Ah...letting go. Giving up some control. Maybe this part is easy for some parents, but for me, this one is a doozy. Unfortunately, there are some kinds of kids, and gifted kids are among them, who really do thrive when they are allowed to take the reins of their education. The conundrum, of course, is at what point and to what extent you allow them to do so.
A confession for those who may not know: I have control issues. In fact, I am a control freak. I have learned, though, that rigid control does not work in homeschooling. In fact, avoiding rigid control is one great reason that people decide to homeschool in the first place. As I indicated earlier this week, parents of gifted kids should not lesson plan too far in the future and should avoid boxed curriculum. In both cases, their kids will likely thwart them by working too far ahead or by becoming bored. Even when you follow this advice, though, your kids may not finish a curriculum they start. This can be frustrating for so many reasons!
For some parents, it becomes a "we finish what we start" thing. For some, it is a case of "we paid for it, you'll use it." For me, both of these things come into play, but even more than that, it is the eternal frustration of "So what on Earth do you want?!" Of course, my kids are, for the most part, too young to know what they want. Fortunately, this seems to be changing a bit for some subjects. At least for this month.
How a family handles this issue is completely individualistic. For budget reasons, some families can't change curriculum midstream, although (and this is another blog post altogether) I would very much encourage such families to investigate free alternatives if they find themselves mired in a curriculum that is causing a big problem with a gifted child. If math has become a big problem, but you're too invested in Saxon to get out of it this year, try using something like Cool Math or Khan Academy. Both are free and provide a nice respite from the norm.
Knowing your child well is the best way to figure out how much control to give up and what kind of curriculum to use. Realizing that some years you may make a ton of progress on paper, while other years it may appear that you are stagnating (but parents of gifted kids know that they are never stagnating - send your kid outside or give him a book; buy him a new robotics set or do whatever you need to to feed his passion. He may not have gotten far through 3rd grade this year, but you've continued to feed the bottomless pit that is his brain's desire to absorb knowledge - don't get hung up on the grade levels and the textbooks!) is so key. It is also one of the hardest things for new homeschoolers of all stripes to accept.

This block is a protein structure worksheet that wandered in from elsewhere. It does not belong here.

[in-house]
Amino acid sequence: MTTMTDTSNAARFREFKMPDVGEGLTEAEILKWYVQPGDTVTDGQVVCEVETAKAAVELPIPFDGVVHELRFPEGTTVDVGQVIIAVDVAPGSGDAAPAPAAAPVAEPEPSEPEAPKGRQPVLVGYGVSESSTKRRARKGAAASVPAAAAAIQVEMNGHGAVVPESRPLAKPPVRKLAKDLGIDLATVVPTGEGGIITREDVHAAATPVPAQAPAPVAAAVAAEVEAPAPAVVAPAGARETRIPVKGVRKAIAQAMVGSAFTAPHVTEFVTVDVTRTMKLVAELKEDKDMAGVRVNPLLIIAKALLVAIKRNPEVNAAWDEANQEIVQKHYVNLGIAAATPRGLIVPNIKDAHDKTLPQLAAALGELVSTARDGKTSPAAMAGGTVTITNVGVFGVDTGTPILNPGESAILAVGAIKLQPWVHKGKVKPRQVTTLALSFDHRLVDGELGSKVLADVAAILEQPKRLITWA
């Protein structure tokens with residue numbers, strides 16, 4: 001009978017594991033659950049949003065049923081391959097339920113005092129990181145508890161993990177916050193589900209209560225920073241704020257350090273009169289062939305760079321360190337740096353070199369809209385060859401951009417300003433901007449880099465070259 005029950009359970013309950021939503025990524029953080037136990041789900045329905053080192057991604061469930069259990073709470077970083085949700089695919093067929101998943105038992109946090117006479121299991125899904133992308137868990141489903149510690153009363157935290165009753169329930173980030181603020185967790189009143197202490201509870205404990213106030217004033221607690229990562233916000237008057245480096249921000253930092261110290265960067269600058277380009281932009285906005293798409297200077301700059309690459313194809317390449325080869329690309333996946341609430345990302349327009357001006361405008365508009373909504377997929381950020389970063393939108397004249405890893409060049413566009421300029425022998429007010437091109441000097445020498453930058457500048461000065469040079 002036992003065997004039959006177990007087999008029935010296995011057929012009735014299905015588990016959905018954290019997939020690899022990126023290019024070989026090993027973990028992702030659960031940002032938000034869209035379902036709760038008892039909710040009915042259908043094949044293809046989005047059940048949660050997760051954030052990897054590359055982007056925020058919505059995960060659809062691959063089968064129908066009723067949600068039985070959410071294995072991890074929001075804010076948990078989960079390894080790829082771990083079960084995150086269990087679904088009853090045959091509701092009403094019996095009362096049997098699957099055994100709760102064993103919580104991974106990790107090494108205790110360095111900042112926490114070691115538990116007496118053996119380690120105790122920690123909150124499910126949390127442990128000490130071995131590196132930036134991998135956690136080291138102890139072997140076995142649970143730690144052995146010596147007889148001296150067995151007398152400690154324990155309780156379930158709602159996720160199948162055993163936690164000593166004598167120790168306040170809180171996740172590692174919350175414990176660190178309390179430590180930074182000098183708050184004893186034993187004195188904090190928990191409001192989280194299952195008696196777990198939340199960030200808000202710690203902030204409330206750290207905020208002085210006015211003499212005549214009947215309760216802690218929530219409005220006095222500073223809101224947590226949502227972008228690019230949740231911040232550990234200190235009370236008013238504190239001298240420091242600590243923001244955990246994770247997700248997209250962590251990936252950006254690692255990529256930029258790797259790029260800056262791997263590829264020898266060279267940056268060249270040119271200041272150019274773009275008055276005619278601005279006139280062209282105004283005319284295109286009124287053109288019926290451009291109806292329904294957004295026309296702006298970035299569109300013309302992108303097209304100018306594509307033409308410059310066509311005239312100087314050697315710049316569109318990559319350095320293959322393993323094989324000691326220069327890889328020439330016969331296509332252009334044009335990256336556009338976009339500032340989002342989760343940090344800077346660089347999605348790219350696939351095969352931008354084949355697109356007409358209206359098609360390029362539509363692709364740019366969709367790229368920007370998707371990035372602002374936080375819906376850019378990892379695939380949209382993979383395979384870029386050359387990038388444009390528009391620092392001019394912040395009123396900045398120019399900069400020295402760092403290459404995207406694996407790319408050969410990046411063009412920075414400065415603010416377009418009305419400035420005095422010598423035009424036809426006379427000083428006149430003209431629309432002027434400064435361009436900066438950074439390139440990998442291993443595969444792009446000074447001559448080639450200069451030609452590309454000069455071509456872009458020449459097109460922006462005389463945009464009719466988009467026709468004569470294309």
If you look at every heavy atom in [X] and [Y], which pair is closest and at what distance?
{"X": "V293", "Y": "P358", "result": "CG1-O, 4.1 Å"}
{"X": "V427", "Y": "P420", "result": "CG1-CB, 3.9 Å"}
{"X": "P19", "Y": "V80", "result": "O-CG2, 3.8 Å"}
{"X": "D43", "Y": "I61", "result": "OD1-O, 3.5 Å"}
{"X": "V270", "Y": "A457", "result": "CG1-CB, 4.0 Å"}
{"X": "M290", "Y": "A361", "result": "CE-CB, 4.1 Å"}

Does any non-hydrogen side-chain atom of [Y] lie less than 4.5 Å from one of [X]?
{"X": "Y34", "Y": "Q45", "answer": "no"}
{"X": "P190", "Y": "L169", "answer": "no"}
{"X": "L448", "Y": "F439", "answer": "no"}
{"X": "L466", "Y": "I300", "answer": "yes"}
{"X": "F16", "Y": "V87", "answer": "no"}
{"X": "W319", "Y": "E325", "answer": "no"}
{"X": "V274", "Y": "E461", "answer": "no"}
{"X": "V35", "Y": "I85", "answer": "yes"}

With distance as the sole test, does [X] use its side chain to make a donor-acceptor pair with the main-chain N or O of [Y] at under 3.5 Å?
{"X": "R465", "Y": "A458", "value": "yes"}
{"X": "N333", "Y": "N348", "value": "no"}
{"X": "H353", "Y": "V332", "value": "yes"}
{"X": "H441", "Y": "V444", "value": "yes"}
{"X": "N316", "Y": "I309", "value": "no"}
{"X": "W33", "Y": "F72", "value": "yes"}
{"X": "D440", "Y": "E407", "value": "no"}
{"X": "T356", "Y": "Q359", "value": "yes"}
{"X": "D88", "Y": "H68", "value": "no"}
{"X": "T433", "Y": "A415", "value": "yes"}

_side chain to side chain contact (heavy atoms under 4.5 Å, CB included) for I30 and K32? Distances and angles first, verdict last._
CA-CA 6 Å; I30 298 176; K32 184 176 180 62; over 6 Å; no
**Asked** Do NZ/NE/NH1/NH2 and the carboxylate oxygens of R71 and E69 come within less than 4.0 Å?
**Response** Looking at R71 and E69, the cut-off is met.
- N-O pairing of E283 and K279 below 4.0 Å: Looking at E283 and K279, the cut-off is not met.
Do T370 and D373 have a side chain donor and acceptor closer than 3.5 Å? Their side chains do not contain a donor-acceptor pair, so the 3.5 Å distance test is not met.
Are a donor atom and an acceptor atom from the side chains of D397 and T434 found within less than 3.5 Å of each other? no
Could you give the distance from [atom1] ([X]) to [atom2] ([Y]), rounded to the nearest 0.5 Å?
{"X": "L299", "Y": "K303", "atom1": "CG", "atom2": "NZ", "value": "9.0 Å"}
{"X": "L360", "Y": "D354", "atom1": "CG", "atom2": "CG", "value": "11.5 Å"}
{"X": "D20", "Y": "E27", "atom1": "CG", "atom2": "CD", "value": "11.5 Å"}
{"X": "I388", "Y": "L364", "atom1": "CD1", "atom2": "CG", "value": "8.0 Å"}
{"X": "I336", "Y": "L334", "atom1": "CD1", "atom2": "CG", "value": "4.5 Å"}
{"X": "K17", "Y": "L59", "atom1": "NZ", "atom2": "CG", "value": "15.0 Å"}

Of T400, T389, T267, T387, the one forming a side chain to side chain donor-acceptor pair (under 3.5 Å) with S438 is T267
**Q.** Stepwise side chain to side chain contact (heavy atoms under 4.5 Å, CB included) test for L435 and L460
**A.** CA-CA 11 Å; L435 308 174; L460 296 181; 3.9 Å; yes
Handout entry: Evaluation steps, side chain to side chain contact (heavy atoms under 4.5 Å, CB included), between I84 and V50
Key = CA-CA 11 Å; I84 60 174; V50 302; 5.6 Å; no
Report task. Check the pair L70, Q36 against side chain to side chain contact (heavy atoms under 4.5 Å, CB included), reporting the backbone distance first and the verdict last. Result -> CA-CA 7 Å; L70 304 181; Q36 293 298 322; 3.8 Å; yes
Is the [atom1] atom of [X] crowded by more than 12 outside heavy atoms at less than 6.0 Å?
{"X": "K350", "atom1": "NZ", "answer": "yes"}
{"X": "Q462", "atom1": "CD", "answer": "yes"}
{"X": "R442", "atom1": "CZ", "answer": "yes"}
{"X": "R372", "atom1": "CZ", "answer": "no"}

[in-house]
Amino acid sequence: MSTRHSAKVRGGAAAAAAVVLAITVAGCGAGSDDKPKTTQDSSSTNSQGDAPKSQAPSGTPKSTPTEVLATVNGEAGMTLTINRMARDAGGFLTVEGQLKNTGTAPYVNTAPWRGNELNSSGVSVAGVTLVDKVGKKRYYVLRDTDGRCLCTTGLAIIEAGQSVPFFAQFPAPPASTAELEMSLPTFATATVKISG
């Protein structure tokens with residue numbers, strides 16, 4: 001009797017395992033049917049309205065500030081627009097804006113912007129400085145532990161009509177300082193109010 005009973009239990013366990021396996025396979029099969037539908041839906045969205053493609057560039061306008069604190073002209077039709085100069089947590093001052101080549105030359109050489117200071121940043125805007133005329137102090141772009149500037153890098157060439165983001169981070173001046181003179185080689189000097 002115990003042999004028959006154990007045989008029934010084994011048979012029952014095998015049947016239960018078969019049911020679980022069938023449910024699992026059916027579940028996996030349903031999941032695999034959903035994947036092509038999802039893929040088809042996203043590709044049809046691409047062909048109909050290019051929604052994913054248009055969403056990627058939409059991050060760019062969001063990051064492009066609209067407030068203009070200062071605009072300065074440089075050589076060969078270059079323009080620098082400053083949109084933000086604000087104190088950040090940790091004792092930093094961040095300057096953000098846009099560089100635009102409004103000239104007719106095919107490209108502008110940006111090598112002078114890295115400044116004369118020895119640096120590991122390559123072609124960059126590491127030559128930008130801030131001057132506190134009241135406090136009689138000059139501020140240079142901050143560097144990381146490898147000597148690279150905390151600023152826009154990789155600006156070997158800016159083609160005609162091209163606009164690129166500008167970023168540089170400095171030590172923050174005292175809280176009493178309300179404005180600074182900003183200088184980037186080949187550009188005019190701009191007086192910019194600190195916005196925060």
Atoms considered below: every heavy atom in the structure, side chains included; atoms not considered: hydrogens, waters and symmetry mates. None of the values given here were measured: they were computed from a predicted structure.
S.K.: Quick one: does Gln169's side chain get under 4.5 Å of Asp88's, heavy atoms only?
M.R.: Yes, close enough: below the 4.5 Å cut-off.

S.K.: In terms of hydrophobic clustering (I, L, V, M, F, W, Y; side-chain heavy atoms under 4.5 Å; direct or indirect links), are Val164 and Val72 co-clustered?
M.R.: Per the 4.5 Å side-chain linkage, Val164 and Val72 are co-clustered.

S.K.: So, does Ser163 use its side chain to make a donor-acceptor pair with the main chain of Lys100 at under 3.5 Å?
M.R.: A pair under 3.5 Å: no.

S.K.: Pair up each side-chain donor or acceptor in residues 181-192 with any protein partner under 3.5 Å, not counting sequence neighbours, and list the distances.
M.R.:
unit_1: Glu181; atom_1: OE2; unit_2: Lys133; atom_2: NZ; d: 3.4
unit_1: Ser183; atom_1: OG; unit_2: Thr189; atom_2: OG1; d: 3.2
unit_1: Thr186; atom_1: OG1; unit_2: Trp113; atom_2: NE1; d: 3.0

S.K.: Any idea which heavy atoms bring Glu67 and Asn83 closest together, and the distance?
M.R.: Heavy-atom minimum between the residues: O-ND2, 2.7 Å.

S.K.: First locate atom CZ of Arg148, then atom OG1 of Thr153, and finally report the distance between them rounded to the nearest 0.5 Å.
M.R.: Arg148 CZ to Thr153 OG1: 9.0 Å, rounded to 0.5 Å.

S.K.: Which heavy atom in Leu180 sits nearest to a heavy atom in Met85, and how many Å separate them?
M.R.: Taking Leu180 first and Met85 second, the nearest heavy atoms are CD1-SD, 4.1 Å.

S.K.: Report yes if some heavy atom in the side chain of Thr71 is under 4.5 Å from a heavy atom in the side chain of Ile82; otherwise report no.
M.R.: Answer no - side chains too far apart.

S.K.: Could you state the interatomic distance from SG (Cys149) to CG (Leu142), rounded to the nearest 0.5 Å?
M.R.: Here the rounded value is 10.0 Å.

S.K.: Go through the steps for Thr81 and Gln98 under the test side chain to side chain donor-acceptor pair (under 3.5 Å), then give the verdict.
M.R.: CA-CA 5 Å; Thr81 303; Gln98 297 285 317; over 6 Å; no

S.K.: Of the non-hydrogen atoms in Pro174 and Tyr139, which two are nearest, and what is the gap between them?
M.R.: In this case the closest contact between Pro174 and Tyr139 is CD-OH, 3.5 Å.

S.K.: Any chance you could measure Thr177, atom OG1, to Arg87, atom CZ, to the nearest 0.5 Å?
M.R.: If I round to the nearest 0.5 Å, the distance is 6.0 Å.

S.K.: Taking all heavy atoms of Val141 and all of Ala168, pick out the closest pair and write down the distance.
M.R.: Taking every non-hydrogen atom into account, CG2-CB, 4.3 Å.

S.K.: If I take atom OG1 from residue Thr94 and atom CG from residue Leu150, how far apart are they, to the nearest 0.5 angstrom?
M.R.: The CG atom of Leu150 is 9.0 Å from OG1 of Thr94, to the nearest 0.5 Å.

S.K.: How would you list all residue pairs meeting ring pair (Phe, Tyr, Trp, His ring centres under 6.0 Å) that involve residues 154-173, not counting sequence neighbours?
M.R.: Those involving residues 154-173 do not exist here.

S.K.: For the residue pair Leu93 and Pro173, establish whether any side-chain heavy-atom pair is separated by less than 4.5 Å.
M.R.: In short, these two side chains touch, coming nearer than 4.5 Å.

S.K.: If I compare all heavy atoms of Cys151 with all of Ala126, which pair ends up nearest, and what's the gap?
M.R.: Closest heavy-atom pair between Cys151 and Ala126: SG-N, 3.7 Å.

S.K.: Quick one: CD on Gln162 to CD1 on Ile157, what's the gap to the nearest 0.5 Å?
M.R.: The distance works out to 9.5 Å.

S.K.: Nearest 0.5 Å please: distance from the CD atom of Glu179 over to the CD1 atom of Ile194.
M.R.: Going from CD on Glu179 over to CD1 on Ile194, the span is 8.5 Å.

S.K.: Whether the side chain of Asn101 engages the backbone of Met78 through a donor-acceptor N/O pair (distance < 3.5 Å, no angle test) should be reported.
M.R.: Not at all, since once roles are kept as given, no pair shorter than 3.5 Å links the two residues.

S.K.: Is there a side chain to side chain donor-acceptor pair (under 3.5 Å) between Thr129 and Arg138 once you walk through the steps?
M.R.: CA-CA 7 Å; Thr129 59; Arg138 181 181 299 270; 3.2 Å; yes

As far as my own children go, it has taken a few years (and has somewhat exhausted me), but I am finally starting to get a handle on them. My 10 year-old son, largely, I think, because of what I suspect is CAPD and what I know is OCD and ADHD, likes workbooks. His lessons are short and predictable. He knows what to expect every day. I have managed to find books that teach him as they teach him. In other words, his spelling book presents the words in a science context, so he's being presented with spelling words, but, to him, he's reading science material. As I mentioned earlier this week, his grammar book is an inductive approach that really works for him. I think I have found his magic formula (he does math online with Thinkwell, because I am not about to try to teach him Algebra. Our relationship would not survive). Honestly, though, Nicky's learning takes place mostly outside of school. He reads, lives with his Legos, and takes apart anything he finds. I don't have any idea what makes his mind work. I only know what testing has told me about his intellect. Those 2e kids are a mystery.
Therese is much more difficult. Honestly, most days I think I could send Therese to college and she would do just fine (she's 12). She reads at a college level. She can analyze literature. She knows more history than just about every adult I know. So she doesn't love math and science. That makes her my child in every way possible. She gets frustrated with curriculum so easily, though! I think she's just bored out of her mind. If she could, she would read all day and do nothing else. Many days I wonder why I don't let her. She would read the right things. She would read The Great Books. She loves The Great Books. She would read Latin. She loves learning Greek. So is it really all that important that she does a lab science? Really?
These are the questions I deal with, and I know I'm not alone. I know, beyond a shadow of a doubt, that Therese will be very successful in college (the right college - we're talking about a small, private, Liberal Arts College), regardless of how we spend the next few years at home, but there are so many things I want to teach her and I am afraid of wasting time. So I tell myself what I tell other homeschooling moms, you can't do it all and you'll drive yourself crazy if you try. I sit down with Therese every few months and check with her to see how she feels about what she is doing. Then, we make adjustements if necessary. Agewise, she is about to start 7th grade, but I have already started her high school transcript, as she has already taken high school level classes. That way, we have plenty of time to make adjustments where necessary and still have a complete transcript when necessary. Gotta check those boxes -- unfortunately!
Thanks for joining me on this blog hop journey! I know I violate all the rules of blog posts (my paragraphs are too long, I don't have pictures), but I have a lot to say on this topic. I hope something I have said has been helpful. Don't miss all of the other wonderful posts - click the banner below. I have spent a lot of time this week reading through them!